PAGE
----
Maybe you’ll have to come out this direction! Boy, Madison wouldn’t forget us πŸ˜‰ !

      Liked by 1 person

  2. LOL! I’ll bring Mr. E. along. What a party that would be πŸ˜€

    Liked by 1 person

  3. The UW conferences are great! Some of the best teacher/mentors in the nation.
    So happy that we met there —

    Liked by 1 person

  4. That sounds wonderful, Julie, and I don’t blame you for sticking with what works. We have a scifi/fantasy conference here in Portland OR, so I totally lucked out!!! It’s great fun and exhausting. And there are some talents who show up to help us along. Get that WIP ready and have fun πŸ™‚

    Liked by 1 person

  5. I thought you were writing about the Women’s Institute – that’s what WI stands for here! Of course location is very important but you have serious connections to the place. Will you see your Writing Sisters there? Are you pitching whilst at the conference? Have a a great time and I look forward to your post about the event.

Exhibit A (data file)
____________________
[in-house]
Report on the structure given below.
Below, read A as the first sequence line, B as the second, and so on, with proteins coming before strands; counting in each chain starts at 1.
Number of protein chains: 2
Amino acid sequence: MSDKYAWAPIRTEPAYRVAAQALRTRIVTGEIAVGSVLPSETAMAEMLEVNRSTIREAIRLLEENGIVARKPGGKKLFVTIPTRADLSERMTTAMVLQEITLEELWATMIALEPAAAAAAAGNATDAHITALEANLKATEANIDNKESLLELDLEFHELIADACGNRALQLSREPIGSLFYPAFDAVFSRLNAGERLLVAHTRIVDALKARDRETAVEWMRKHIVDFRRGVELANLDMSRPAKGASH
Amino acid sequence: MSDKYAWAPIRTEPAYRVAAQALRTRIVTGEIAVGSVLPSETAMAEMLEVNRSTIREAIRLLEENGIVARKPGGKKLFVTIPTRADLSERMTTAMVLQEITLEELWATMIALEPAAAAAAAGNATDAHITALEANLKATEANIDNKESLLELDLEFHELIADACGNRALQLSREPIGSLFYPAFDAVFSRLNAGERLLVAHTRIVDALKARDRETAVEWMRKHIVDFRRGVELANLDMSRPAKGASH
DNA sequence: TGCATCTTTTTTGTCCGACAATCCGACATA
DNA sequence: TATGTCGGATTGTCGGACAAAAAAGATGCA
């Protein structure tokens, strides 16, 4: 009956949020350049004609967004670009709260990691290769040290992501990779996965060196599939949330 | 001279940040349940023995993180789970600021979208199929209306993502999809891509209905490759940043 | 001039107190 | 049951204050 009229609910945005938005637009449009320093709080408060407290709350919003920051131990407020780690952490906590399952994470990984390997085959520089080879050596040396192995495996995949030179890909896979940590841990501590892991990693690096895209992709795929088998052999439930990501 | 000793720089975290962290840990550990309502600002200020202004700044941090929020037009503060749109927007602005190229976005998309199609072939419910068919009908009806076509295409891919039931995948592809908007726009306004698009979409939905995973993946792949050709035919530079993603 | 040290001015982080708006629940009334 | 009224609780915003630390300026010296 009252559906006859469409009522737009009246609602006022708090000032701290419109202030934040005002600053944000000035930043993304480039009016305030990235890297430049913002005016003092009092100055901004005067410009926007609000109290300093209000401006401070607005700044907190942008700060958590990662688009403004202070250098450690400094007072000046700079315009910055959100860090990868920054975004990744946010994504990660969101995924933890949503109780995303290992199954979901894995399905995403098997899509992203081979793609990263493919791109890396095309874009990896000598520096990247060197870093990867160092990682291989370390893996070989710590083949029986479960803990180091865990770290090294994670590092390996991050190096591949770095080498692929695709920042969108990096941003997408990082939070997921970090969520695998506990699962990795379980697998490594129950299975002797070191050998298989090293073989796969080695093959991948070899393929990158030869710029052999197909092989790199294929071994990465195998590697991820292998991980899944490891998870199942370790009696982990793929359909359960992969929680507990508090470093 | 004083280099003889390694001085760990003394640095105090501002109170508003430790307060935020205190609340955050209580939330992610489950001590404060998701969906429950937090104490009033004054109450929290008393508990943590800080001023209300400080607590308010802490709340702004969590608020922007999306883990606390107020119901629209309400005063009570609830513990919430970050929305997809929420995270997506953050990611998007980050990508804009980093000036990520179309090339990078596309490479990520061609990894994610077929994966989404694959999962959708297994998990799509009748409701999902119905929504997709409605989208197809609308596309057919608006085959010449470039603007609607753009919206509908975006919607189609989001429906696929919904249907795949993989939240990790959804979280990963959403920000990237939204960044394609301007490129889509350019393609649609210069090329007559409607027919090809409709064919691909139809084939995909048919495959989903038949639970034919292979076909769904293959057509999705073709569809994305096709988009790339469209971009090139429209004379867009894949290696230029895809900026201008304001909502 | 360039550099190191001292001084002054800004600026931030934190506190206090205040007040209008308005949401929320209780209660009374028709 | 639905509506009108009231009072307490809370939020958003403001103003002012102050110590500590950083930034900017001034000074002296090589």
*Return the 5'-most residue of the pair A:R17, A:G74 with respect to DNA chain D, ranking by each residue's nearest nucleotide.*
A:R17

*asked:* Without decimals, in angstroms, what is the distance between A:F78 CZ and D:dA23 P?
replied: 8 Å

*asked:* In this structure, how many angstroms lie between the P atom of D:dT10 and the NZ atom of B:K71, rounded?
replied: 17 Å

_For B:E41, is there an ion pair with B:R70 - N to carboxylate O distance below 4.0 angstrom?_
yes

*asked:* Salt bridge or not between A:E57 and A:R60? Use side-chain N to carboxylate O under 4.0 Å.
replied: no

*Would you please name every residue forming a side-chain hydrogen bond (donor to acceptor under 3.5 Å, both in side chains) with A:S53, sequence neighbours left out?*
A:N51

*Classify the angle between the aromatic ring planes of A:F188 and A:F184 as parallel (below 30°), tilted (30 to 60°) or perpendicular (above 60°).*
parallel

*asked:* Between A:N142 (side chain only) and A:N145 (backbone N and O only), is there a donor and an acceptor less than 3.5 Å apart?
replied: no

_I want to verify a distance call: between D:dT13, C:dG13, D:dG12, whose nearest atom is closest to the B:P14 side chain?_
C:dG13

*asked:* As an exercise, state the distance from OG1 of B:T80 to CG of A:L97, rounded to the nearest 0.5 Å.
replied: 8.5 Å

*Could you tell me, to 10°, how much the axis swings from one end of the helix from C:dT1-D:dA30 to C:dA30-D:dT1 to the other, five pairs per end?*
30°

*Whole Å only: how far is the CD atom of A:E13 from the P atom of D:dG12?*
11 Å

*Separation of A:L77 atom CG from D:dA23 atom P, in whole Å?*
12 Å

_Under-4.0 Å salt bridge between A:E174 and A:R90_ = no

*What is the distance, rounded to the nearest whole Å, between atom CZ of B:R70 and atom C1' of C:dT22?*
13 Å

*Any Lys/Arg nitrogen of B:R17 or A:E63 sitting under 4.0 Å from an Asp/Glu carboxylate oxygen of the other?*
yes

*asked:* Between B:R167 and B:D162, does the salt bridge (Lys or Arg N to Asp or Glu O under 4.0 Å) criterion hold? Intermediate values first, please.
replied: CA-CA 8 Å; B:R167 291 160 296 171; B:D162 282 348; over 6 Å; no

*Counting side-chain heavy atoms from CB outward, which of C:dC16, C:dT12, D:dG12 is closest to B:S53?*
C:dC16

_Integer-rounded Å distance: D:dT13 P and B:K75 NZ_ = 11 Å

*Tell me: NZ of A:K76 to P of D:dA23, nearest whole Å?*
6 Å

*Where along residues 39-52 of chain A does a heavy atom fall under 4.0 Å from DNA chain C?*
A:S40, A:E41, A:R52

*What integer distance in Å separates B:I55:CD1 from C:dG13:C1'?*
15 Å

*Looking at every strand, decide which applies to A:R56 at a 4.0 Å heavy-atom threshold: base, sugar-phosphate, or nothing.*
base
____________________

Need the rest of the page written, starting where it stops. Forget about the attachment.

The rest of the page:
Liked by 1 person

    • Only a couple of my writing sisters will make it to the Writer’s Institute, but we’re getting together for a reunion in August. I’ll be pitching both my WIP and another mss I’ve got polished and shiny. I can’t wait for the conference and the energy there; makes me want to take a sabbatical to just write. I’m going to try to get some pics as well. Hank Phillippi Ryan is one of the keynote speakers this year–I’m excited!

      Liked by 1 person

  6. Yes, writing conferences are game-changers! Learning current trends, getting support from other writers, finding golden opportunities–and meeting Writing Sisters!

    Liked by 1 person

  7. Hey, Twitter parties are an important part of doing business, especially #PitMad! I know how you feel, though. I always feel guilty for the things I’m not working on.


    Liked by 1 person

    • I hear ya! I just wonder how many times the agents see my pitches and say: “Oh, it’s that one again.” Still, I’m thinking of tossing my hat in anyway. I’ll just have to come up with some bright shiny new pitches–ugh!